Pros: The lovely rosewood look of this capo is so convincing it’s hard to believe that it’s made of aircraft-grade zinc alloy. The material makes it super lightweight—only 0.2 ounces, so you’ll barely notice it. Wingo gave it a thick silicone pad to protect the guitar neck and fretboard. With a quick-release construction, this capo is easy to maneuver during and between songs. Move it around with just one hand! You also get five colorful celluloid guitar picks. 

Cons: If you love the wood appearance, know that the Wingo capo is not solid wood.

Bottom Line: Look at other websites if you must. The Wingo is undeniably one of the most beloved guitar capos out there. It’s beautiful, lightweight, and easy to use.

 

Best with Pick Holder

TANMUS Guitar Capo 3-in-1

A great capo with a pick slot, pin puller, and more.

Pros: Perhaps the most significant selling point of the TANMUS guitar capo is that it’s a three-in-one. The zinc alloy capo comes in a velvety bag along with four colorful picks. The capo’s spring design provides optimal pressure and grip. The silicone pads protect the fretboard and prevent the capo from sliding. The compact and lightweight capo is made all the more impressive with the built-in pin puller located at the end of the lever on the top of the capo when placed on the guitar neck. You’ll appreciate the pin puller when it’s time to restring your instrument. Yet another quality feature is the pick holder, a built-in serrated slot found at the top of the capo. It grasps your pick securely, so it won’t shake even when playing with lots of energy.

Cons: Users report that the capo works best for medium to light strings. It’s not a universal fit. 

Bottom Line: Made handsome with a uniform brushed spray, this capo looks as good as it performs. And it performs well. It comes in several colors: metallic silver, black and wood, and bronze.

 

Best Multi-Piece Set

Moreyes Guitar Capo with Accessories

This quality aircraft-grade aluminum capo comes with a tuner.

Pros: This rosewood-colored, aircraft-grade aluminum capo has a sleek, elegant look. You won’t see its steel spring, but it’s inside, right where it should be, ensuring a buzz-free performance. Soft silicone pads line the capo where it grips to your guitar neck and on the grip handle to pad your palm. It comes with a 360-degree clip-on tuner with an easy-to-read LCD digital display. The tuner can tune all guitars, ukuleles, and violins. Tune your instrument anywhere and get an accurate reading.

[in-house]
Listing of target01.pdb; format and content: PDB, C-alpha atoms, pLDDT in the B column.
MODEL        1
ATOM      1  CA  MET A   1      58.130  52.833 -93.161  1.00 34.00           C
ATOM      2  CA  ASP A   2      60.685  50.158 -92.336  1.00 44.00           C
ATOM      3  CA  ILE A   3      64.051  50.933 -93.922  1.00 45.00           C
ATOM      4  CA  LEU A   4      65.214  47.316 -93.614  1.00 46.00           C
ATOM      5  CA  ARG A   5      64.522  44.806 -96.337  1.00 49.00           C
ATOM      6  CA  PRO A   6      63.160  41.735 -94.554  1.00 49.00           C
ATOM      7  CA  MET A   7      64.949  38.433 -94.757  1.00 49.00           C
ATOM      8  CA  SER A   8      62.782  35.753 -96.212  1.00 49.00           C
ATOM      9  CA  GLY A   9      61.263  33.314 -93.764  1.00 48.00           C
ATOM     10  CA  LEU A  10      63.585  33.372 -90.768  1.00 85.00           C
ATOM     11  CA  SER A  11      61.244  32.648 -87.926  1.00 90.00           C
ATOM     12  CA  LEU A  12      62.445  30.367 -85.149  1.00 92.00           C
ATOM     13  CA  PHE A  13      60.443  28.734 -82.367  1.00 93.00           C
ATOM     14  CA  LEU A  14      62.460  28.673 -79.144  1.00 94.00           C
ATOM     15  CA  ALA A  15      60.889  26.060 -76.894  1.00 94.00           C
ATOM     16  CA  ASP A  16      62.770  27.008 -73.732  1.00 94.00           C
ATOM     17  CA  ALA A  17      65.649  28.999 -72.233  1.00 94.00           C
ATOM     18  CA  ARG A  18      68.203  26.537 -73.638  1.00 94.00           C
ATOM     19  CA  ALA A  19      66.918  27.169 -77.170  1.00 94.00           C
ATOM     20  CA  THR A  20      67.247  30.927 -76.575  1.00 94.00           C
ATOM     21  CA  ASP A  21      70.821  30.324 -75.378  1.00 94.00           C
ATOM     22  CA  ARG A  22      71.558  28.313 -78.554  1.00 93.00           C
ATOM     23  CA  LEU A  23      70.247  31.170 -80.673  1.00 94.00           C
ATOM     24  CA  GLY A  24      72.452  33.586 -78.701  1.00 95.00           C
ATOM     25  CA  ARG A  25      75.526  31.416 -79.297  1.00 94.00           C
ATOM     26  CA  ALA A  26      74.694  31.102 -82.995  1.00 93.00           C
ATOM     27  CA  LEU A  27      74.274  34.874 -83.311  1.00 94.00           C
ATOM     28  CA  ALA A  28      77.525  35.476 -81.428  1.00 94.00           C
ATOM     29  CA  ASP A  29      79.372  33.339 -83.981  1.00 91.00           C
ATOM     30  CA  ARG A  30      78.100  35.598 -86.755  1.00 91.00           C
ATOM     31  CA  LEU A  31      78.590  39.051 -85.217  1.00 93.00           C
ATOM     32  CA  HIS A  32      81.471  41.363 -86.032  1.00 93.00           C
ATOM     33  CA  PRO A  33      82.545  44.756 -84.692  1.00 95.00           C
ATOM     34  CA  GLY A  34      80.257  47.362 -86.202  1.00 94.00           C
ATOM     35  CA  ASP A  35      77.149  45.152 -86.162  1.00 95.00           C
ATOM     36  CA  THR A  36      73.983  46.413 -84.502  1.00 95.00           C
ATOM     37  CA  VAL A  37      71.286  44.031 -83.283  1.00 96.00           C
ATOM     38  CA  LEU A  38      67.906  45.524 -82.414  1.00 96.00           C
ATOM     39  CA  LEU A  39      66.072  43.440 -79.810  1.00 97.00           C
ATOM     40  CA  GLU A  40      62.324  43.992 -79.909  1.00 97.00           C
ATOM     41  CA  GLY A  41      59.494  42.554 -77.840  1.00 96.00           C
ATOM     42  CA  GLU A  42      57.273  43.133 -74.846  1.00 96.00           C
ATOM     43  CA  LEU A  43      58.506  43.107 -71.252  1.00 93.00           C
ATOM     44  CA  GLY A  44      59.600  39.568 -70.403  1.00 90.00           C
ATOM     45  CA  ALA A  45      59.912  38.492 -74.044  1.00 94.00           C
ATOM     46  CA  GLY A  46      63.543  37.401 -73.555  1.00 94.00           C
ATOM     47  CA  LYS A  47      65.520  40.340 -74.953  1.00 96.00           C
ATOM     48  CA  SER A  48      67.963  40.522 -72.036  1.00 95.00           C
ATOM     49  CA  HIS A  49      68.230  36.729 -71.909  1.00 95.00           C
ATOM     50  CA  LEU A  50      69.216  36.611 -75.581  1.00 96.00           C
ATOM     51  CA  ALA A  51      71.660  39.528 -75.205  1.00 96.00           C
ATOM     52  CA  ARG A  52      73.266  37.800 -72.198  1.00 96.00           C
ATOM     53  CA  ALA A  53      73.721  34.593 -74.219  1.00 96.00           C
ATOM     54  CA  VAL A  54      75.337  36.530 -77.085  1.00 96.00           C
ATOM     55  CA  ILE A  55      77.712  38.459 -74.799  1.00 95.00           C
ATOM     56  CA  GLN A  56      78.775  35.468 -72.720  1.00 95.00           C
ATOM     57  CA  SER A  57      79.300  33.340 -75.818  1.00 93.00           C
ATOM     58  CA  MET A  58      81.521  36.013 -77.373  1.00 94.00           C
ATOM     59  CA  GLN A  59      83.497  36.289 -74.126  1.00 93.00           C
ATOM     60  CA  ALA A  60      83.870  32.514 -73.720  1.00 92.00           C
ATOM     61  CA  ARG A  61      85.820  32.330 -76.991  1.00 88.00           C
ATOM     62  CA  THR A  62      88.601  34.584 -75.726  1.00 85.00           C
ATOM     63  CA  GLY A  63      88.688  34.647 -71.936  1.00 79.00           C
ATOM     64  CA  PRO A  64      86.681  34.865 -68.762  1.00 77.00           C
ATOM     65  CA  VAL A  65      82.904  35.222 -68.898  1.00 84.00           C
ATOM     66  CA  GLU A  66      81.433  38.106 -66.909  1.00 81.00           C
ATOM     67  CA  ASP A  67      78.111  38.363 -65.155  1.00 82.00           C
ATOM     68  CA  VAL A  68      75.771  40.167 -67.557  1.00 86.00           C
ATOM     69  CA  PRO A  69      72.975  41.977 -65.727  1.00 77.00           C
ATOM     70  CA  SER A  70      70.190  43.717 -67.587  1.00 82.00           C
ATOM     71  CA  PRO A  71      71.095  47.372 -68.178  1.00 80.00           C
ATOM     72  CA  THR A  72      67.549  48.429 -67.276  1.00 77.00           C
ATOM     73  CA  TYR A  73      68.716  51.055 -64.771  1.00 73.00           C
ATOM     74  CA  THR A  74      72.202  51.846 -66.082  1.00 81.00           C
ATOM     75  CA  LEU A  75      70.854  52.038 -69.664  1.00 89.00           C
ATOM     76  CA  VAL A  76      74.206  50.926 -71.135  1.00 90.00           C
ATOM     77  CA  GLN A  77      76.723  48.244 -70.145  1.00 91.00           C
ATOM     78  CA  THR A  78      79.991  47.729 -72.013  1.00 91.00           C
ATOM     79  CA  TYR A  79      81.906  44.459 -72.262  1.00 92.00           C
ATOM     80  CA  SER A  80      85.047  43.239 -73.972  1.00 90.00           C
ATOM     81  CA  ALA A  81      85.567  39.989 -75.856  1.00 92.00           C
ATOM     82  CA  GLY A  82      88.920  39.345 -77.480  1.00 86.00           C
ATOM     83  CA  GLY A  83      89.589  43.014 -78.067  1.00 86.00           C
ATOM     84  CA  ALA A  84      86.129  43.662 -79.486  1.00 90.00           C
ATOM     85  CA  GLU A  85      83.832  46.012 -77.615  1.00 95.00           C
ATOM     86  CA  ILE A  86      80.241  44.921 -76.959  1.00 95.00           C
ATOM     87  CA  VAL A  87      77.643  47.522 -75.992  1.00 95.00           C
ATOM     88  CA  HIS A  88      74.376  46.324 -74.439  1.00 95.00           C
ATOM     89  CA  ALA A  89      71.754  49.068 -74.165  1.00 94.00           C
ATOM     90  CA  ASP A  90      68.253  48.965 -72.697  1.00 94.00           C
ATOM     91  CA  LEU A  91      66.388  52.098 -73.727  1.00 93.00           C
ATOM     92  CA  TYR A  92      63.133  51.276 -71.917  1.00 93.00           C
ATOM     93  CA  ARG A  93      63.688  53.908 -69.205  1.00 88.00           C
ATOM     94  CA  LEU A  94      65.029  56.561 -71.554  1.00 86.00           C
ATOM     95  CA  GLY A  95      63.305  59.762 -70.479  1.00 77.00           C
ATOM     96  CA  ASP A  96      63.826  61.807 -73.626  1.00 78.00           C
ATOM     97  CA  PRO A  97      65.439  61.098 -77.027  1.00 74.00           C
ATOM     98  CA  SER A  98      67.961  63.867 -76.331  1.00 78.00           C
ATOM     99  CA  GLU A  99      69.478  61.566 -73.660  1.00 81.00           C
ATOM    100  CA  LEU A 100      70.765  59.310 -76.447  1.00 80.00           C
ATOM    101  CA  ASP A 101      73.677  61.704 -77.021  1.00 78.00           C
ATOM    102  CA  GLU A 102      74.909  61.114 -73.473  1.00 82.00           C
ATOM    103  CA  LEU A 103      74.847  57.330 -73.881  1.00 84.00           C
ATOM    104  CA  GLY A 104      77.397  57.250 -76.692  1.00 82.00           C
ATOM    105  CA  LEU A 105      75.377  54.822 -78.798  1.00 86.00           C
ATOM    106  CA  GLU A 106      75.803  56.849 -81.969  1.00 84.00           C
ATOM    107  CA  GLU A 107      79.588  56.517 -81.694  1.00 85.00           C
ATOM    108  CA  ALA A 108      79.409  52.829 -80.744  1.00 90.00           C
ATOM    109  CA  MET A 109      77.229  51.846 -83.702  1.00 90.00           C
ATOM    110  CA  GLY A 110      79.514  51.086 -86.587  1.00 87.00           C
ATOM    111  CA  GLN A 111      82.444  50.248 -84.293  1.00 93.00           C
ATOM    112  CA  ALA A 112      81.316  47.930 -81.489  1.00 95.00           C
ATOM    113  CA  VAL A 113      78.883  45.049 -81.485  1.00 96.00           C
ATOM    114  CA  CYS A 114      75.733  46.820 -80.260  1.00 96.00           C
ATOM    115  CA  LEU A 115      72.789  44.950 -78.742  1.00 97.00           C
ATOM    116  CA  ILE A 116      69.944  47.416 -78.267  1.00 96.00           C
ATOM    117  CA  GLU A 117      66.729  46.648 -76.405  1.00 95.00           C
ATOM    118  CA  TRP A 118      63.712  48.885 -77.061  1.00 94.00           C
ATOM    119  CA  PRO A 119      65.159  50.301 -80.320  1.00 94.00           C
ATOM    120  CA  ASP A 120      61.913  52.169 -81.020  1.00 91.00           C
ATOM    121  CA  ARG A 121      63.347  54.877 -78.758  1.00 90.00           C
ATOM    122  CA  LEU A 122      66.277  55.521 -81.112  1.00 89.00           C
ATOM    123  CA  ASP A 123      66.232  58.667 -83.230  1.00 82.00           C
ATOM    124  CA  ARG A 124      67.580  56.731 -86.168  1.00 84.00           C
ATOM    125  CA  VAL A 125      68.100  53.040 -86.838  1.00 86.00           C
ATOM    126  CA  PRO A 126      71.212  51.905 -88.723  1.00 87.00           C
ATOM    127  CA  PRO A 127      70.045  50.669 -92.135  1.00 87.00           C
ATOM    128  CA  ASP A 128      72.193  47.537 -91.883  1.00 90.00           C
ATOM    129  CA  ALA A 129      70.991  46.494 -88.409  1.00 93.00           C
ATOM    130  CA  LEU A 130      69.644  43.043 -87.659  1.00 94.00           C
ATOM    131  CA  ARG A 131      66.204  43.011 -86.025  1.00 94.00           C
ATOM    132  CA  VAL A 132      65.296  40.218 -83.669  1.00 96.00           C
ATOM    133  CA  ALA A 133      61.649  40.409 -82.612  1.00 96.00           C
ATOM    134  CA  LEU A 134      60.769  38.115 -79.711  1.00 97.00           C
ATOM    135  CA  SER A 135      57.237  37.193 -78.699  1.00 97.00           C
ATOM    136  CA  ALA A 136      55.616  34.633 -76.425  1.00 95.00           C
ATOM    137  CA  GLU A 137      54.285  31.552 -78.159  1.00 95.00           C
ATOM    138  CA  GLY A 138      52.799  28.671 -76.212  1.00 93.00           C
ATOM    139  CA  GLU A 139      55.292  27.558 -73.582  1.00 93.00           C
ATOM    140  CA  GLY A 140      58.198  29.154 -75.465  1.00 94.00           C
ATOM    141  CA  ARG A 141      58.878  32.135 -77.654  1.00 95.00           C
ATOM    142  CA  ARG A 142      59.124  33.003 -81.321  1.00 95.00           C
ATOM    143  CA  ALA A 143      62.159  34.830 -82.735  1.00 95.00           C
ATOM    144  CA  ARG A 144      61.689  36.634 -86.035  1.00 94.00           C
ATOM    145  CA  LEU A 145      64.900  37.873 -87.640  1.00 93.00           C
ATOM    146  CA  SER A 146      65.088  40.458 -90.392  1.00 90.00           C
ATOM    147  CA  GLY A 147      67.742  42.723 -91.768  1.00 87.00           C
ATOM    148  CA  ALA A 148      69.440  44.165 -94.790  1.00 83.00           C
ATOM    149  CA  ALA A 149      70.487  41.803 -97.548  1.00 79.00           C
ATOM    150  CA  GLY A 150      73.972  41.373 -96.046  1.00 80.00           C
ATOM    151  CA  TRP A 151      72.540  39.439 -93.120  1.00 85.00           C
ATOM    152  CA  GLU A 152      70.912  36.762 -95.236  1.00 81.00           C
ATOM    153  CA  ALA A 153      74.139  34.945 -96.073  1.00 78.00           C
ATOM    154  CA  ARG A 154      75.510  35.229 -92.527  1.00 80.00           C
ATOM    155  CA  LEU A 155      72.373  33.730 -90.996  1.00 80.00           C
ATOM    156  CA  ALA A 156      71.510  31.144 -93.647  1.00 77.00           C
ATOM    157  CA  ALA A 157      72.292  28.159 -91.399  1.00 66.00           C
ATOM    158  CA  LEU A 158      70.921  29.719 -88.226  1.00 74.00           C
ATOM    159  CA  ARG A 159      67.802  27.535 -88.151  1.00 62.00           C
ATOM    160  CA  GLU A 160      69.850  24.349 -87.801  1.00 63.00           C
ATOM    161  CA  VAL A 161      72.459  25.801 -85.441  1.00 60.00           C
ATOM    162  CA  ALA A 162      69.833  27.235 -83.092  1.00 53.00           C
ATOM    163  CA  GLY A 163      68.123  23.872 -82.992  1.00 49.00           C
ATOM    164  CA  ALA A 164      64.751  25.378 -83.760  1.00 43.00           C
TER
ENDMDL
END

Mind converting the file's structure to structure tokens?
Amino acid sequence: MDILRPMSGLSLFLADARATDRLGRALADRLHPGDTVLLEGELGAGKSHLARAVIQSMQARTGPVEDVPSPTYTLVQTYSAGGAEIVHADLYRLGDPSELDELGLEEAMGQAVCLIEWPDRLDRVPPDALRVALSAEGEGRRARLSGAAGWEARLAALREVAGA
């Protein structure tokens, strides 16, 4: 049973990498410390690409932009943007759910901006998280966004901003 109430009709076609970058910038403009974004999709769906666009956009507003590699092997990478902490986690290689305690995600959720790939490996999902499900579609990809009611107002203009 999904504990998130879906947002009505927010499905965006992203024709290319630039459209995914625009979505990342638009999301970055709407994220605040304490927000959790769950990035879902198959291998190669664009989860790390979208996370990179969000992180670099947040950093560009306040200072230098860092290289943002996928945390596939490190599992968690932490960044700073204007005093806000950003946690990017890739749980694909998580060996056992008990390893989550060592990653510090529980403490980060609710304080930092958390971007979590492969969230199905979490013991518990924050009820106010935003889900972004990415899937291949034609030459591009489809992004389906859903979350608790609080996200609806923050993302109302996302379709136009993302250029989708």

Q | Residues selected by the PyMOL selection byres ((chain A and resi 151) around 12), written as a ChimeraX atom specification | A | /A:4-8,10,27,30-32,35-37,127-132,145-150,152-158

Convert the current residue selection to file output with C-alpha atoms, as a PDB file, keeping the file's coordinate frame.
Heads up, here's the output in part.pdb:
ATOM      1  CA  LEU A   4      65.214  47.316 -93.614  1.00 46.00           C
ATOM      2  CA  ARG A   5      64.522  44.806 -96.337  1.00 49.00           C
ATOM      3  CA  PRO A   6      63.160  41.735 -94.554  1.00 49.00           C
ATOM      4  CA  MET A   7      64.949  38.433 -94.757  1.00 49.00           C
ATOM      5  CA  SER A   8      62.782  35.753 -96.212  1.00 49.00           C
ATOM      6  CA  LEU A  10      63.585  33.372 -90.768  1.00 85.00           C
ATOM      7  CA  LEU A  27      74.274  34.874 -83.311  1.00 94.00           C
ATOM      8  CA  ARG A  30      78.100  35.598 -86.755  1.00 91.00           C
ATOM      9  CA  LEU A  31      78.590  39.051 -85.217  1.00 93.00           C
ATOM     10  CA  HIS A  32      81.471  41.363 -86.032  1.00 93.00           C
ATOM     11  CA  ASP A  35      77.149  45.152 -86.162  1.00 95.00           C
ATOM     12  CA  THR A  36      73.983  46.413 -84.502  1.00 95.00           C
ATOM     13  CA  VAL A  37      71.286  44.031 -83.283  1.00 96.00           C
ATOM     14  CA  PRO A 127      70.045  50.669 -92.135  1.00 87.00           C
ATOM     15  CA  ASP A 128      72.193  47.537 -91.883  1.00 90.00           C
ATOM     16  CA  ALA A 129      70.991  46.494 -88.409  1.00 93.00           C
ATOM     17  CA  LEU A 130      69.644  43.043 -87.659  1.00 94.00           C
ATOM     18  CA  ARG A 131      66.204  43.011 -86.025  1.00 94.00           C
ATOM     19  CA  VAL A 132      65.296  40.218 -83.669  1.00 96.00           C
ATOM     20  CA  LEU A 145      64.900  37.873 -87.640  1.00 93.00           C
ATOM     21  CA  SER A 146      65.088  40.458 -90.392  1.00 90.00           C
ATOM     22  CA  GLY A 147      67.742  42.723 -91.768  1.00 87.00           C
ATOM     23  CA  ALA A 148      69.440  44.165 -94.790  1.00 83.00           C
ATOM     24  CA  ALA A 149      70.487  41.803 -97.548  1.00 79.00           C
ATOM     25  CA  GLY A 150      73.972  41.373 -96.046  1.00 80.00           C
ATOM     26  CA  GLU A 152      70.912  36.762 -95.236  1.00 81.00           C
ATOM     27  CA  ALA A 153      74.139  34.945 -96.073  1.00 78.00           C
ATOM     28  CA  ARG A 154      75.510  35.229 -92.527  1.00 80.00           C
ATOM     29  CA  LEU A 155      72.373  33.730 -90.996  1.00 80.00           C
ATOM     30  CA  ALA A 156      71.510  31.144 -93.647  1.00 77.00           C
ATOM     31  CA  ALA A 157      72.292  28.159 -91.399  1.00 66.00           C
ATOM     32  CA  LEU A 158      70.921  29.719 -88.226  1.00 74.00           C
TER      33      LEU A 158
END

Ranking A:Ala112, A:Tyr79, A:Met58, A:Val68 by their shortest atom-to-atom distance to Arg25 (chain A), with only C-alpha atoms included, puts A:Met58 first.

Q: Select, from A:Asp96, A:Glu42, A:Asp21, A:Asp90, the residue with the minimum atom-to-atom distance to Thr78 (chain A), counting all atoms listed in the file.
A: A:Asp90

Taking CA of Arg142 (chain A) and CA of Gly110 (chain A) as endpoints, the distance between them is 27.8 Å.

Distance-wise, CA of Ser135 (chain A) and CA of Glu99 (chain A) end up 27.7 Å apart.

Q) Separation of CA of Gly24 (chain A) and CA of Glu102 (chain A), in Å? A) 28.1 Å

Cons: You may experience some buzz, even while this capo promises a buzz-free experience.

Bottom Line: This set by Moreyes gets consistently positive feedback. Plus, you get eight celluloid guitar picks.

 

Premium Choice

Nordic Essentials Guitar Capo, Two-Pack)

The best capo two-pack out there if you like a bit of color.

Pros: Here’s an ultra-light, aircraft-grade aluminum pink capo. Pink! And as all good capos should, the Nordic Essentials steel spring capo features protective silicone pads. Use it with one hand without worrying you’ll mess up the tuning. The capo is made just for musicians like you. Toss it in your purse or bag and go. Plus, you get a purple capo too! There you have it: two flashy, colorful capos and two bags to keep them pristine when in storage.

Cons: While these capos are said to accommodate 6- and 12-string instruments, for ukuleles, banjo, bass, and mandolin, you may not find that to be true.

Bottom Line: This two-pack, two-color capo combo comes in various color pairs. There’s also black and silver, green and blue, and red and gold.

 

Also Great

Kyser Quick-Change Guitar Capo

This one-handed 12-string capo has held a great reputation since the '80s.

Pros: While many capos are made to fit all guitars, Kyser’s Quick-Change is explicitly made for 12-string guitars. You need a capo with higher tension and a larger body to cover each string with equal pressure. This beauty is made of lightweight aluminum and a steel spring. But there’s more to the story. Kyser’s Quick-Change capo grew in popularity in the 1980s and has remained one of the quickest-growing capos in the Western United States. It gets its speed from the innovative trigger mechanism that promises reliable tuning and stay-put-ness. Put the device on your instrument’s headstock between uses.

Cons: Even the best capos fall short in performance for some guitars. If you have a guitar with a thin neck, for example, you may realize that the Kyser doesn’t hold down all frets as it should.

Bottom Line: You’re not just getting a great capo for 12-string guitars with the Kyser Quick-Change. Because it’s well-known among guitarists, it’s also a fashion statement, a sign that you’re in the know.

Final Thoughts

If you’re ready to make playing the guitar easier, check out these capos. They’re all great accessories for guitarists of various experience levels.

Britta Kallevang Britta Kallevang
Britta is a professional writing tutor and freelance writer that is trained in journalistic, technical, and creative copywriting. At LifeSavvy, she researches products, writes about the items, and shares what she's uncovered with readers. Her writing is comprehensive and sometimes a bit silly. Read Full Bio »